Hello and welcome to Tulsa tumble talk with justice tumbling company, the one and only Tulsa tumbling show where we your Tulsa tumbling experts. Answer the questions that we get from parents and athletes on a daily basis. We are your hosts, Coulton cruise and rusty breaths slur and we are the owners of justice tumbling company in Tulsa, Oklahoma. Okay. So today we’re going to be going over stick and stand in this podcast. This goes back to everything in all star, tumbling to a highschool, competitive gymnastics, everything, anything and everything that we want to see in tumbling. Jenks tumbling lessons, the way we train is different than the way we perform. We want to train with rebounds, you know, always finishing with rebounds and everything like that. But when you are performing, there’s a point where we do need to start working on sticking and standing.

Yep. Or finishing a scale coming out of any kind of flipping and skill. It’s important to train, planting your feet, no movement. It looks so clean when done right and it’s good for your body. So sticking stand, you hear from your coach probably every time or hopefully you hear it from your coach every time you’re tumbling. But sticking and standing is landing with your feet together. No movement at all, absorbing into your landing. No movement. Yeah. You can’t explain to anybody that so many kids get used to just flipping and landing in, walking away or popping and doing. They all have different things. Throwing their arms. Are we out a Groaner cost yesterday that had beautiful technique, but every landing does throw her arms up. It’s hard to clean that up and that’s hard to make look good.

Yeah. So we talked about the three, Jenks tumbling lessons, the three parts of every scale, which is the, the set or the take off. Then it’s the, the actual skill itself, the body position, uh, in between the start and the finish. And then last but certainly not least is the finish. And that’s what we’re going over to that is, that is so important. I mean, one, it keeps you safe. It’s not a, if you are not landing short, you’re able to walk away with without pain and your ankles, which is a very important part.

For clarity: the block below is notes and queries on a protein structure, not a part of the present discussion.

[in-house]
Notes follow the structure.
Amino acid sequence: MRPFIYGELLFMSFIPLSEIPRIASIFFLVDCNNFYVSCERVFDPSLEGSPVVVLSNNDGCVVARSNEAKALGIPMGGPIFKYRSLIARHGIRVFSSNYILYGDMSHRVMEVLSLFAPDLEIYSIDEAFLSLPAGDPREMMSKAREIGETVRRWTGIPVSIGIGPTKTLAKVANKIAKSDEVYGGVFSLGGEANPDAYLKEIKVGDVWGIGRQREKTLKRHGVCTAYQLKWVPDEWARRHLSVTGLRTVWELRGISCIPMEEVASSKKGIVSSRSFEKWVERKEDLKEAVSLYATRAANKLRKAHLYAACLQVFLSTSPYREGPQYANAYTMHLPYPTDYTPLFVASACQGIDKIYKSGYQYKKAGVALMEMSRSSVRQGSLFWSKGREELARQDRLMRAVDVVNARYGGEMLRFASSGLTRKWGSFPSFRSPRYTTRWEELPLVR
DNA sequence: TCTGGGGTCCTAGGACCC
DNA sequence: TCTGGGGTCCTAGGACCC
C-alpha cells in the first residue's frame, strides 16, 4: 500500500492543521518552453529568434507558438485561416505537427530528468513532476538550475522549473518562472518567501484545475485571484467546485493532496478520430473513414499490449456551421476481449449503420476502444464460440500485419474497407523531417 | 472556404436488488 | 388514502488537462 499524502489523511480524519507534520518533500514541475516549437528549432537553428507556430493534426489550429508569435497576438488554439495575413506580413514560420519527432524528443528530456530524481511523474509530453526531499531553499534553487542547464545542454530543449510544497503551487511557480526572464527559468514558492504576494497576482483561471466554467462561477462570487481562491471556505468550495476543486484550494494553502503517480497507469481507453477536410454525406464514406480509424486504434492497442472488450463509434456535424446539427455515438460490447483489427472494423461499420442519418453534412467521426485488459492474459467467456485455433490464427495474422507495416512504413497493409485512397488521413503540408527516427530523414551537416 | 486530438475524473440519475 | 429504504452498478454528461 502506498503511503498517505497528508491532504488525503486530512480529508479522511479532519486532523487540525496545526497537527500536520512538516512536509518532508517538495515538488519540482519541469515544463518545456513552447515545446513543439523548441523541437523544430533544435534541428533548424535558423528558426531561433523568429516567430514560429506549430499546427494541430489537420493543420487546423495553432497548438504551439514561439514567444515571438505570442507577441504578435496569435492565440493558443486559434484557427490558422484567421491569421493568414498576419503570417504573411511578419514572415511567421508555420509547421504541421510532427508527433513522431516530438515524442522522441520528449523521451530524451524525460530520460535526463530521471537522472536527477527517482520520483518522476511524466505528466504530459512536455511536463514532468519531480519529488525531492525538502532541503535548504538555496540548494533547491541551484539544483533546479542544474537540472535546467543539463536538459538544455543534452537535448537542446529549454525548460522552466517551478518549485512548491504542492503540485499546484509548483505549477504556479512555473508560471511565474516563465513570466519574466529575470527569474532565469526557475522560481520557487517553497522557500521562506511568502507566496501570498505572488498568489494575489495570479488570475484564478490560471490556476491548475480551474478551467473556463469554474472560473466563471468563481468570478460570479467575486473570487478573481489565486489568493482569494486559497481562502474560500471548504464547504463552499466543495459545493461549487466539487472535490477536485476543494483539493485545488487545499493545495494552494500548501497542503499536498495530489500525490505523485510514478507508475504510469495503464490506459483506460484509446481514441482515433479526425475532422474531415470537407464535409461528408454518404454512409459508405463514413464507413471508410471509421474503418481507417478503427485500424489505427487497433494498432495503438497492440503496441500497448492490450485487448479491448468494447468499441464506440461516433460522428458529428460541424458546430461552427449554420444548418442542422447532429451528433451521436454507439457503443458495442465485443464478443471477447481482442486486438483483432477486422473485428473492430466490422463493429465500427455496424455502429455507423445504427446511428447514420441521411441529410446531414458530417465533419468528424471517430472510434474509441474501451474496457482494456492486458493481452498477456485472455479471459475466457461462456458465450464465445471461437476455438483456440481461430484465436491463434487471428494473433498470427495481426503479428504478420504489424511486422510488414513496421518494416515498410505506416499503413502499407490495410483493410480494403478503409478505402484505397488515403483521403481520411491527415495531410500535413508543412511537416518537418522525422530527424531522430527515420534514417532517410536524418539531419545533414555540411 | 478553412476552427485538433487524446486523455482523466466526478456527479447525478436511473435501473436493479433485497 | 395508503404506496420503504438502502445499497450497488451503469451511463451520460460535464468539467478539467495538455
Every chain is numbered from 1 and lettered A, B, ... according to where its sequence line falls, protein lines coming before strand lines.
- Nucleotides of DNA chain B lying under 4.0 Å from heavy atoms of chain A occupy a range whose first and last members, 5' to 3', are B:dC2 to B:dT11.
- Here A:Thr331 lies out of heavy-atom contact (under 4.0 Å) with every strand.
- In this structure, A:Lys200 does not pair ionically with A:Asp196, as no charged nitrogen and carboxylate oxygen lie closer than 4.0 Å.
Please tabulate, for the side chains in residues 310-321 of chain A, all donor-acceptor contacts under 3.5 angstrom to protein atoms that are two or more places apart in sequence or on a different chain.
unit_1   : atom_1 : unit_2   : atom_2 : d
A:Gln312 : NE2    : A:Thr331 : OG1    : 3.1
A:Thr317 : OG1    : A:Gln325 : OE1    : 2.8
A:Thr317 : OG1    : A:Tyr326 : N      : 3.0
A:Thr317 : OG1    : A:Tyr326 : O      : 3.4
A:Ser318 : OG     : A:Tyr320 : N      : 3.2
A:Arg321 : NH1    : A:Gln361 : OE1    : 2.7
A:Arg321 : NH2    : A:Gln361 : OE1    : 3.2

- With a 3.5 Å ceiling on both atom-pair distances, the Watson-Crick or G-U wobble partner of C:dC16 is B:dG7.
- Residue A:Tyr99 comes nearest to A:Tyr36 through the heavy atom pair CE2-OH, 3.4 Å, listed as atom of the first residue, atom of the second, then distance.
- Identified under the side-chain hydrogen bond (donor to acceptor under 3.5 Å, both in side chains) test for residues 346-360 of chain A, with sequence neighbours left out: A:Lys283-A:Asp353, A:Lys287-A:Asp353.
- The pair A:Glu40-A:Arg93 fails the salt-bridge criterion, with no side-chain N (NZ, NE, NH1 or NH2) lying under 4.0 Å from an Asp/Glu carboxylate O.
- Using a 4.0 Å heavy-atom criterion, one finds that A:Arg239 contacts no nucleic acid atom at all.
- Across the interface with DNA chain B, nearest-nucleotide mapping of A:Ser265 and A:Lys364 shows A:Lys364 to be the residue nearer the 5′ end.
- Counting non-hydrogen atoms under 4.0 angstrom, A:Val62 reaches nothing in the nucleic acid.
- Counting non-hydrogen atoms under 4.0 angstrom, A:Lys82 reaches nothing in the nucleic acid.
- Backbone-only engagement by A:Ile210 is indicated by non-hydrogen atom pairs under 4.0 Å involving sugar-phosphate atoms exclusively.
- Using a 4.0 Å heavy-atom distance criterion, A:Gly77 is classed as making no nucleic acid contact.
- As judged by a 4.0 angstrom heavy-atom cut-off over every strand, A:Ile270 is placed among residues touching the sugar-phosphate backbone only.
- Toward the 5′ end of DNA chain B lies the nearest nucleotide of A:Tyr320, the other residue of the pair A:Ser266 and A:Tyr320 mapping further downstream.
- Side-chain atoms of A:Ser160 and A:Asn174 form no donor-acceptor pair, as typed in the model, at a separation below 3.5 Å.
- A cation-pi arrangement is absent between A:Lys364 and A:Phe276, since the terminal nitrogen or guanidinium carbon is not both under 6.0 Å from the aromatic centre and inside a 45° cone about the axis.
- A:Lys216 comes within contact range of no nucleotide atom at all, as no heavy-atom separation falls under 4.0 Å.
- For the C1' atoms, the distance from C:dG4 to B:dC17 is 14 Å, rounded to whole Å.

Yes. If you’re tumbling on hard floor sticking and standing is very important and landing at that certain angle that you’re not putting all your pressure on your ankle. Uh, everything uses. If you’re an all star gymnastics, you do stunt the sport. Every body uses sticking it, it’s going to give you the higher difficulty. It’s going to give you the higher technique score and it just stands out. It’s a kid who can throw a double, uh, versus a kid who can throw a double and stick in. Stand up. It’s a, it’s a, it’s a mind blower. Yeah. Beautiful. Yeah. So going over how to stick in stand. Jenks tumbling lessons, we’ve kind of done it in some of our podcasts going over the landing, the angles absorbing in through your toes and knees and not letting it just land straight legged that we see that a lot.

Here’s the thing is that if you are trying to land with legs locked out, I don’t know why, but so many kids think that they have to like punch the ground to land. Um, and that’s not the case at all. If you are falling in mid air, you don’t have to force yourself to hit the ground. You’re going to hit the ground no matter what, but you don’t have to push those to those ankles down to the ground and, and uh, put that much pressure on them. So, Jenks tumbling lessons, I’ve always said pulling your toes right underneath your nose and then you’re going to be in that bug position where those, those fists are slight, almost straight down by your knees. Um, arms locked out. You don’t want to, uh, let those arms swing or, or, uh, you know, come out by your head. Like rusty was saying earlier, you want to really be able to absorb. Now when those legs are locked out and your chest is forward, it’s really hard to absorb anything. That’s why kids lock out their legs. But if you pull your chest up, you put your hips underneath you, you’re able to absorb that landing and a all the way from your firm through your toes to your heels and then your knees. You’re, you don’t get any, um, any flack through your ankles or the rest of your body through the absorb.

Yes. Cause Tom Lee, I’m hard for landing with straight legs. You’re going to feel it in your entire body, your entire body. Now you can stick in, stand with legs apart. You’ll see people always do that if they’re playing, like stick it or something with standing tax cause it’ll just flip over and they think it’s easier to land and plant their feet. Like they’re riding a horse that does not look good, that is bad for your body, that is bad for your knees. Train ankles together out of everything, whether it’s a toe touch, whether it’s a standing tech, um, train hitting those ankles together and might not feel comfortable. But it does look good.